Yannatos, Michael (1985) Good and evil in the teaching of saint basil of Caesarea: in the teaching of saint basil of Caesarea. Masters thesis, Durham University.
The present dissertation represents an investigation into St Basil's doctrine of "good" and "evil". In the first part an attempt is made to-bring together St Basil's statements on the "good", which results in a three-fold understanding of goodness corresponding to the three levels of existence, the theological, the cosmological and the anthropological. Ultimately goodness is grounded, in St Basil's mind, in God himself, in his very being. However, inasmuch as God's goodness is expressed in his act (in creation and redemption) goodness is a notion that also applies to God's creation. Man's creation in the image and likeness of God is particularly relevant here and so is man's life of virtue. The second part of the dissertation examines the problem of evil, both in the context of the spiritual world (angelolbgy) and in the context of the physical world (cosmology) and man in particular (anthropology). Special attention is paid to the cause of evil, to man's fall and its consequences and to the distinction between "natural" and "moral" evil as well as to the problem of pain. The thorough analysis of St Basil’s texts establishes that for the Holy Father Evil is arbirtrary and finds a paradoxical beginning in creaturely freedom. The final part of the dissertation deals with the Christian answer to the problem of evil which is rooted in the Incarnation of the Son of God and his work of salvation. The analysis of St Basil's key texts shows that man's final destiny and deification provided by God in Christ constitute the Christian answer to the problem of evil.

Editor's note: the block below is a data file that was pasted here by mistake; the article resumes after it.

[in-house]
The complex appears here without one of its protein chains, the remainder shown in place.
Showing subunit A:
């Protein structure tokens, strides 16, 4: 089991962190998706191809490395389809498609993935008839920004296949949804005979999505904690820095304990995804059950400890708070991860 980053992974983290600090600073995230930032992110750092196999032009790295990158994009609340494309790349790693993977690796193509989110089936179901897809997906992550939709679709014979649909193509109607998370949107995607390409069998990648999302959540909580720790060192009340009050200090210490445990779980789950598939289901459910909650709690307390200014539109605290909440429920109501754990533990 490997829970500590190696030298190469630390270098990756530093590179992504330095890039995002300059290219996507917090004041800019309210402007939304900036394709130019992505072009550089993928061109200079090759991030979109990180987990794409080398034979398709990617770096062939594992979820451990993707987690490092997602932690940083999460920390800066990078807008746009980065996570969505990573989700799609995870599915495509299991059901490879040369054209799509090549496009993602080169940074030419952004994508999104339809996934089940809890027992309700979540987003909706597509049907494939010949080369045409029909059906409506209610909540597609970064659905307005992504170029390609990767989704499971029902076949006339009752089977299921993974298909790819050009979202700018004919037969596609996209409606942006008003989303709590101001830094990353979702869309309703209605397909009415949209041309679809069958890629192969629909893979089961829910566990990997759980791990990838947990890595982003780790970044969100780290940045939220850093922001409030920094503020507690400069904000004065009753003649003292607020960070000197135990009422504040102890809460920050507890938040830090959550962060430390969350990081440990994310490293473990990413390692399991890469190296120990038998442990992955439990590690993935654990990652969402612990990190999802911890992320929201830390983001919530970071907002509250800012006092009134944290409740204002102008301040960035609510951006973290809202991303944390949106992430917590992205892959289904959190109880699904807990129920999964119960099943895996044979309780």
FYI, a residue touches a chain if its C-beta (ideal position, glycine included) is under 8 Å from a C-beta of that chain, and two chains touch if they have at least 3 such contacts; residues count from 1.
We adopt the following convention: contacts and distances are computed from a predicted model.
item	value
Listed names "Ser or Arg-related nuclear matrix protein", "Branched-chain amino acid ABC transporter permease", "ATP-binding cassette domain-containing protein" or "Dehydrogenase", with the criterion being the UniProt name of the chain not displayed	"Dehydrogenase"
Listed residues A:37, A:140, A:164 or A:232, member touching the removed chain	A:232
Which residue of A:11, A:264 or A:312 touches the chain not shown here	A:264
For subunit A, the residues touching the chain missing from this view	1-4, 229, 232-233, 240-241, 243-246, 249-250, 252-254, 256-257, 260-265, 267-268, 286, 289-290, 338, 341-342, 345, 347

|Item Type:||Thesis (Masters)|
|Award:||Master of Arts|
|Copyright:||Copyright of this thesis is held by the author|
|Deposited On:||15 May 2013 14:10|